These persons were locked alone in a plain prison cell most of a day for several months. Although the prison staff tried for several times to improve the situation of these prisoners, due to their aggressive behaviour and inability to cooperate, they repeatedly end up in solitary where they did not benefit from either, individual or group activities, nor systematic therapeutic work provided by psychiatrists or other specialists.
After a careful evaluation of the seriousness of the prisoners´ disability, the absence of any therapeutic activities and long-term isolation in the cell with minimal contact with the prison’s professional staff, the Ombudsman (formal head of the NPM) issued a visit report and concluded that the treatment reached the intensity of ill-treatment.
The NPM applied Art. 3 of the European Convention of Human Rights (prohibition of torture) and referred to an extensive case-law of the European Court of Human Rights[iv]that sets up the standards for incarceration of persons with mental disabilities and forbids the pure isolation of prisoners with mental disabilities without “appropriate treatment”.
The ultimate solution: toward a humane idea of imprisonment
Although these visits shed more light on the living conditions of people suffering from mental disability in Czech prisons, it is clearly not just the problem of an individual prison facility, but a systematic problem for the whole Czech prison system.
Therefore, the NPM decided to address this issue in a systematic approach by joining in the ongoing domestic debate about how to introduce a new conception of designing the prison system in the Czech Republic, that is, to treat all prisoners in a humane way – consider them as a human being and respect their human dignity and rights.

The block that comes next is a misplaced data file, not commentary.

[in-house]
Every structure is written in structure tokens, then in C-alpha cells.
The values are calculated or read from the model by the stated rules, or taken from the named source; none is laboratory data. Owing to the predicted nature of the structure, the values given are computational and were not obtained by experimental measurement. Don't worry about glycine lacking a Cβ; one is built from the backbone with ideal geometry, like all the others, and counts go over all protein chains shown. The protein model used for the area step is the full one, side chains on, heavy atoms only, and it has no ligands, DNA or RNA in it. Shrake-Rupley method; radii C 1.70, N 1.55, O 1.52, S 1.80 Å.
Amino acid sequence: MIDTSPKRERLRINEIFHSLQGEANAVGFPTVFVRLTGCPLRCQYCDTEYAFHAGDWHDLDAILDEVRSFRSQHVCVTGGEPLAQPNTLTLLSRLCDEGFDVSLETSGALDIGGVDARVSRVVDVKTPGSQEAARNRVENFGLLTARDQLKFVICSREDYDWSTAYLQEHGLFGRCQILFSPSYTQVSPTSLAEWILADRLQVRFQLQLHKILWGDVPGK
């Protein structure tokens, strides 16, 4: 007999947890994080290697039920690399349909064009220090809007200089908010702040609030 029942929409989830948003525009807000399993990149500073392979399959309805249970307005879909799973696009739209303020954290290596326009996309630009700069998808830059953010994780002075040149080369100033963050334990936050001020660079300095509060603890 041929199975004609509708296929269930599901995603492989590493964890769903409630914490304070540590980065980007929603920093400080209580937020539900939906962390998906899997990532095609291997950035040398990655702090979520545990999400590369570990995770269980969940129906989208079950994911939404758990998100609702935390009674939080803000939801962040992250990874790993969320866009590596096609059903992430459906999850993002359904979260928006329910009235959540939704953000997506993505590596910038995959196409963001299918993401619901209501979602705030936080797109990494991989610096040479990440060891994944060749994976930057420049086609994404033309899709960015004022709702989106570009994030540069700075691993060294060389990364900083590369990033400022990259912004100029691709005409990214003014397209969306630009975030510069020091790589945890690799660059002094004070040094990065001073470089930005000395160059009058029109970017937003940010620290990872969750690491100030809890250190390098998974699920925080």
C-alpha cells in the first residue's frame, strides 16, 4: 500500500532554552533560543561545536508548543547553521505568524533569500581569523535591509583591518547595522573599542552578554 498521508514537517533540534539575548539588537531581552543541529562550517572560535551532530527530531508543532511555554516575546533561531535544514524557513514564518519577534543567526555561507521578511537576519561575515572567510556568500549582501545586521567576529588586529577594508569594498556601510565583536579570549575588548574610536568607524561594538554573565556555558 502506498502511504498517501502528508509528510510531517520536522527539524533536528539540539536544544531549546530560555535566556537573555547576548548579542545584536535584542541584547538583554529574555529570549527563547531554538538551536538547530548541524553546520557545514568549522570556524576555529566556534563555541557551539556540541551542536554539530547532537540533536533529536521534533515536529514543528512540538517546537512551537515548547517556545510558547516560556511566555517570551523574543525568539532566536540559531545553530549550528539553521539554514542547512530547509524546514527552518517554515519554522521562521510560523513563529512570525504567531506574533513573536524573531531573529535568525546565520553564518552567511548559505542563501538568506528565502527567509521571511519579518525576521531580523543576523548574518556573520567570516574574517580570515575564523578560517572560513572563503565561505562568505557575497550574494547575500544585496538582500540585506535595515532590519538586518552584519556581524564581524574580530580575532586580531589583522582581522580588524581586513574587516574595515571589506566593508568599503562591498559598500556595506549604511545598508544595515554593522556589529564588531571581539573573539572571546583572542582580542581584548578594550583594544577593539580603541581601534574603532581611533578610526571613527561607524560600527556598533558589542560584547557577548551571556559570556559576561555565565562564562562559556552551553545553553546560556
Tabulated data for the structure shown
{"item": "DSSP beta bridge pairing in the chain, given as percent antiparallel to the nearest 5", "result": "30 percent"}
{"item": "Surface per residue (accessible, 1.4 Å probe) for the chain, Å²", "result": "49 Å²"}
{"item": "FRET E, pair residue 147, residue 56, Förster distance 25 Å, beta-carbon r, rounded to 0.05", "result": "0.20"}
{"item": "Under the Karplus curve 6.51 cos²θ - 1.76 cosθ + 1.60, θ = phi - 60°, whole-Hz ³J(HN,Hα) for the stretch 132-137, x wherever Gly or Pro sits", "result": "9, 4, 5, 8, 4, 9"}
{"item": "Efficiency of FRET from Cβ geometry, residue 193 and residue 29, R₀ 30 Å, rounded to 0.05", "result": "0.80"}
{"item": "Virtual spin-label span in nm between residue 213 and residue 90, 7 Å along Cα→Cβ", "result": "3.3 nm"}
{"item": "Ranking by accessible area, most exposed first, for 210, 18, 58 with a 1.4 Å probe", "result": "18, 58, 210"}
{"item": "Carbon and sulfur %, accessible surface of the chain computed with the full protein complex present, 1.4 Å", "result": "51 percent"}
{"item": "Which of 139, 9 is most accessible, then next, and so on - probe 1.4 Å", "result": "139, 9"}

In another special report, the NPM summarizes all the visits to prisons it has conducted and contains a set of recommendations addressed to Ministry of Justice and Directorate General of the Prison Service. Utilizing the knowledge and experience from visits in 2014, the NPM proceed to visit specialized prison wards intended for prisoners suffering from various disability.
Between 2017-2018 the NPM visited, for a first time, the facilities known as “the preventive detention”, which lies on the intersection between prison and psychiatric hospital and is intended for criminals suffering from mental disorder. Let’s have a look at this specific type of detention in some next story.
Although the debate on the appropriate treatment with persons with disabilities in correctional facilities in the Czech Republic has not yet resulted in sufficient outcomes, it is the credit of the NPM that opened the prison to the public and brought the reliable data, so the discussion could be started.
[i] This article is one of the #NPMTravelbook series written by Mr Pavel Doubek and invited by Covenants Watch (CW), Taiwan. The original text was written in English and was translated by Yi-Ching Tsai, CW’s researcher. For more information about the column, please visit our website: NPM Travelbook
[ii]The visits involved all four types of prisons in the Czech Republic (Minimum Security (A, open) Prisons, Medium Security (B, semi-open) Prisons, High Security (C, closed) Prisons and Maximum Security (D) Prisons
[iii] Importantly, because the evaluation of torture and ill-treatment must be based on individual specifics, the team must be able to conduct case-by-case analysis whether a treatment is appropriate or not and if not, whether it crosses the threshold.
[iv]e.g. the Judgements of Rivière v. France, Slawomir Musiał v. Poland, G. v. France. Since the ECtHR’s judgements have binding effect in domestic law, NPM recommendations in line with ECtHR´s case-law are more accepted by state authorities.